We compare the performance of our proposed algorithm with the IOMM as well as with the traditional HMM with its states being interpreted as decisions. We use the domain of movies and the audiovisual event explosion for comparison. Data from a movie are digitized. We have over 10000 frames of video data and the corresponding audio data split in 9 clips. The data are labeled manually to construct the ground truth. Figure 2.9 show some typical frames of the video sequence.
Figure 2.9: Some typical frames from a video clip.
From the visual stream we extract several features describing the color (HSV histograms, multiple order moments), structure (edge direction histogram) and texture (statistical measures of gray level cooccurrence matrices at multiple orientations) of the stream [49]. From the audio stream we extract 15 MFCC coefficients, 15 delta coefficients and 2 energy coefficients [7]. As described earlier we train HMMs for the positive as well as the negative hypothesis for the event explosion. HMMs for audio streams and video streams are separately trained. Each HMM has 3 states corresponding (intuitively) to the beginning, middle and end state of the event. Using the pair of models for the positive and negative hypothesis we then segment each clip into two types of segments corresponding to the presence or absence of the event. Within each segment the best state sequence decoded by the Viterbi algorithm is available to us.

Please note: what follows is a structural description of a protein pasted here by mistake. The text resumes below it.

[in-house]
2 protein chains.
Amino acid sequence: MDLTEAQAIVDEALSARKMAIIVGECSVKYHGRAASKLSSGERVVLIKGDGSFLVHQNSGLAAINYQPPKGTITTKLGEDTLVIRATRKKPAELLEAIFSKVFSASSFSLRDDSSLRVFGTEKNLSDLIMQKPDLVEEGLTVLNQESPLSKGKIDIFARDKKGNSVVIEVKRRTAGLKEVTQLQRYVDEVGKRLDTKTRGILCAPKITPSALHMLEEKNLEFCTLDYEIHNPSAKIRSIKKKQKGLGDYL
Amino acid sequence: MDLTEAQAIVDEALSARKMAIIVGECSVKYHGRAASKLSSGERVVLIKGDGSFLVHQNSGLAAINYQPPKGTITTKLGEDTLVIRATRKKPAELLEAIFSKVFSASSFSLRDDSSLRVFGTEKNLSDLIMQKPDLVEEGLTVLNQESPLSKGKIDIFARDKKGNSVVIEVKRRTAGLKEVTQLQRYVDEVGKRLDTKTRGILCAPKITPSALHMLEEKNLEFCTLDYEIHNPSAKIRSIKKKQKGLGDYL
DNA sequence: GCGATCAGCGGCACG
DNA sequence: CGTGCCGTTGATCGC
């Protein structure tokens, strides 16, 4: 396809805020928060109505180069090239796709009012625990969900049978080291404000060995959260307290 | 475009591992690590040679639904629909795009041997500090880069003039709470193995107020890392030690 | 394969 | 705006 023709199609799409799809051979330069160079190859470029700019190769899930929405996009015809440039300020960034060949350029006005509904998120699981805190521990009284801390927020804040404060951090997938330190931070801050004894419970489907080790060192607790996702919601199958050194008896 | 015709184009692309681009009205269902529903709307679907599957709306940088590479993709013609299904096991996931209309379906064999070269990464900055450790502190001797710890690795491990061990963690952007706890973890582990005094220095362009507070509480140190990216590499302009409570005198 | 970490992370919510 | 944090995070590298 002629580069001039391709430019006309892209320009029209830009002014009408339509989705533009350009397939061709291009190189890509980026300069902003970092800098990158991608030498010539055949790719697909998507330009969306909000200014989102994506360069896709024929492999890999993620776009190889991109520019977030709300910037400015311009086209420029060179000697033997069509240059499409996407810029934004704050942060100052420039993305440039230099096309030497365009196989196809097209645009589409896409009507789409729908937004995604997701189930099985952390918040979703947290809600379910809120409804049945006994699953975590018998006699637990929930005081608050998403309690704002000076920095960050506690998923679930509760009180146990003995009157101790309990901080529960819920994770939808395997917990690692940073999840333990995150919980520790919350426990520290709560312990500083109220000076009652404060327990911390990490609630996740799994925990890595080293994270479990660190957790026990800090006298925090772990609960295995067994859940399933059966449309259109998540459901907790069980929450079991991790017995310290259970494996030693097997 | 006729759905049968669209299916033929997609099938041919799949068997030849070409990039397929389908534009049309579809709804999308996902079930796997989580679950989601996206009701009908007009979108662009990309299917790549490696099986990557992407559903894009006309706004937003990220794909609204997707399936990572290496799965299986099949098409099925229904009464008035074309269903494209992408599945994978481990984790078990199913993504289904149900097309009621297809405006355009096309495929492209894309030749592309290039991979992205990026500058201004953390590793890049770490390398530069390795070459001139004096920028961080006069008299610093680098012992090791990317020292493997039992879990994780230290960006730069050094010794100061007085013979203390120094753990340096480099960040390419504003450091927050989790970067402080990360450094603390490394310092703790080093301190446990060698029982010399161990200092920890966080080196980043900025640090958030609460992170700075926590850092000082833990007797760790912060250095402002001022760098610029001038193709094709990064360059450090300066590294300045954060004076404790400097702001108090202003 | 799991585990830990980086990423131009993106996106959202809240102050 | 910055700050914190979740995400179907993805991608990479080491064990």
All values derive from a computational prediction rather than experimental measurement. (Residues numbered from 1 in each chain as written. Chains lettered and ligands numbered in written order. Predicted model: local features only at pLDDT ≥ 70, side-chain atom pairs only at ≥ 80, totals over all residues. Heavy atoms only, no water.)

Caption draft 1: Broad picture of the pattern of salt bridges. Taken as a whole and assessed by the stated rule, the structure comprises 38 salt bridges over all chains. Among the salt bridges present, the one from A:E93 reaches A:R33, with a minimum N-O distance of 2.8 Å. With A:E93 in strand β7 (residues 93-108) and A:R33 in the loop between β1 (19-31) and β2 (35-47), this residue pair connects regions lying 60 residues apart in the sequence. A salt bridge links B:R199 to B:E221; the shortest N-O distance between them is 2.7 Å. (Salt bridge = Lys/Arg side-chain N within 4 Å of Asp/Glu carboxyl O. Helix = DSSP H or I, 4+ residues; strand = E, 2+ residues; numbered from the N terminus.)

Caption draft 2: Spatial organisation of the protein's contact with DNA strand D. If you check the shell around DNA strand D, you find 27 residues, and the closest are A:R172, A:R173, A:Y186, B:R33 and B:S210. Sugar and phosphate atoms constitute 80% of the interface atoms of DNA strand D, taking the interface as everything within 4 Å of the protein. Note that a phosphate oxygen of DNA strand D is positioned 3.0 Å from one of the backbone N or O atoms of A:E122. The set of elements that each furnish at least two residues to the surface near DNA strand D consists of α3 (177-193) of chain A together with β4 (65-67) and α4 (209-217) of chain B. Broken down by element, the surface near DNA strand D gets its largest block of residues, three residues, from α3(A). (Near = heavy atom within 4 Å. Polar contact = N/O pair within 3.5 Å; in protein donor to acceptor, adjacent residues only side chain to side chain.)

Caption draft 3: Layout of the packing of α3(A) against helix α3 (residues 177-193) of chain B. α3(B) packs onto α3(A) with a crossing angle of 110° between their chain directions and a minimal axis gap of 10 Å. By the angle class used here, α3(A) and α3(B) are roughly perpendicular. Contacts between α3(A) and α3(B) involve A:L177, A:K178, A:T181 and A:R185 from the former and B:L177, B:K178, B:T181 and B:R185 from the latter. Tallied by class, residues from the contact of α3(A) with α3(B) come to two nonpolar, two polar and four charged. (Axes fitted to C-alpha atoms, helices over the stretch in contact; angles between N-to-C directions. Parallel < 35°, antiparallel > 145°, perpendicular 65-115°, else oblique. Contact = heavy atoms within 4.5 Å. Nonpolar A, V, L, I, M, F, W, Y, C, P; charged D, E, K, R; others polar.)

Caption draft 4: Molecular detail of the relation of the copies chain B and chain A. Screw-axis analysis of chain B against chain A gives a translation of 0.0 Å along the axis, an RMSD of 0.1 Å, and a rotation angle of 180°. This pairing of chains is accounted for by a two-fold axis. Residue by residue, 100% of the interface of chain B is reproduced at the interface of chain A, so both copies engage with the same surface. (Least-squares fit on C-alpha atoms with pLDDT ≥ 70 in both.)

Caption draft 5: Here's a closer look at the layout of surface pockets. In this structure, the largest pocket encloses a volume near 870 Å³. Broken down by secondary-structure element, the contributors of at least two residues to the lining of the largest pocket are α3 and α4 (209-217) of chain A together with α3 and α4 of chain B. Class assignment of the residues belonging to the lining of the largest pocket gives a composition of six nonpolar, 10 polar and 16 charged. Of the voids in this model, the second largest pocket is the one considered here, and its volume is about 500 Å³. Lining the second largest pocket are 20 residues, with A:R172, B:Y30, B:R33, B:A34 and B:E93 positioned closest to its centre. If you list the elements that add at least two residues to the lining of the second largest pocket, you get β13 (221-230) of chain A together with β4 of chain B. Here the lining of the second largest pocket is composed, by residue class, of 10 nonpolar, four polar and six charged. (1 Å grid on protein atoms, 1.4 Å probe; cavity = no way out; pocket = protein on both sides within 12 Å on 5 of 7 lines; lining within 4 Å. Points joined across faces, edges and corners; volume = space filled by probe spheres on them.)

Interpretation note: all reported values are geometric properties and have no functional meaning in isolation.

For the audio and video streams synchronized at the video frame rate, we can now describe each frame by a symbol from a set of distinct symbols. Let denote the number of states v corresponding to hypothesis h and feature stream s. Then the total number of distinct symbols needed to describe each audiovisual frame jointly is given by .
This forms the input sequence y. Similarly, with h^{s} denoting the number of hypotheses for stream s the total number of distinct symbols needed to describe the decision for each audiovisual frame jointly is given by . This forms the symbols of our decision sequence Q,
We report results using a leaveoneclipout strategy. The quantum of time is a single video frame. To report performance objectively, we compare the prediction of the fusion algorithm for each video frame to our ground truth. Any difference between the two constitutes to a false alarm or misdetection. We also compare the classification error of the three schemes. Figure 2.10 shows error for each clip using the three schemes. Among the three schemes, the maximum error across all clips is least for the DDIOMM. Table 2.1 shows the overall classification error across all the clips.

Figure 2.10: Classification error for the nine video clips using the leaveoneclipout evaluation strategy. The maximum error for the DDIOMM is the least among the maximum error of the three schemes.
Clearly the overall classification error is the least for the DDIOMM. We also compare the detection and false alarm rates of the three schemes. Figure 2.11 shows the detection and false alarm for the three schemes. Figures 2.10 and 2.11 and Table 2.1 thus show that the DDIOMM performs better event detection than the IOMM as well as the HMM.
Figure 2.11: Comparing detection and false alarms. DDIOMM results in best detection performance.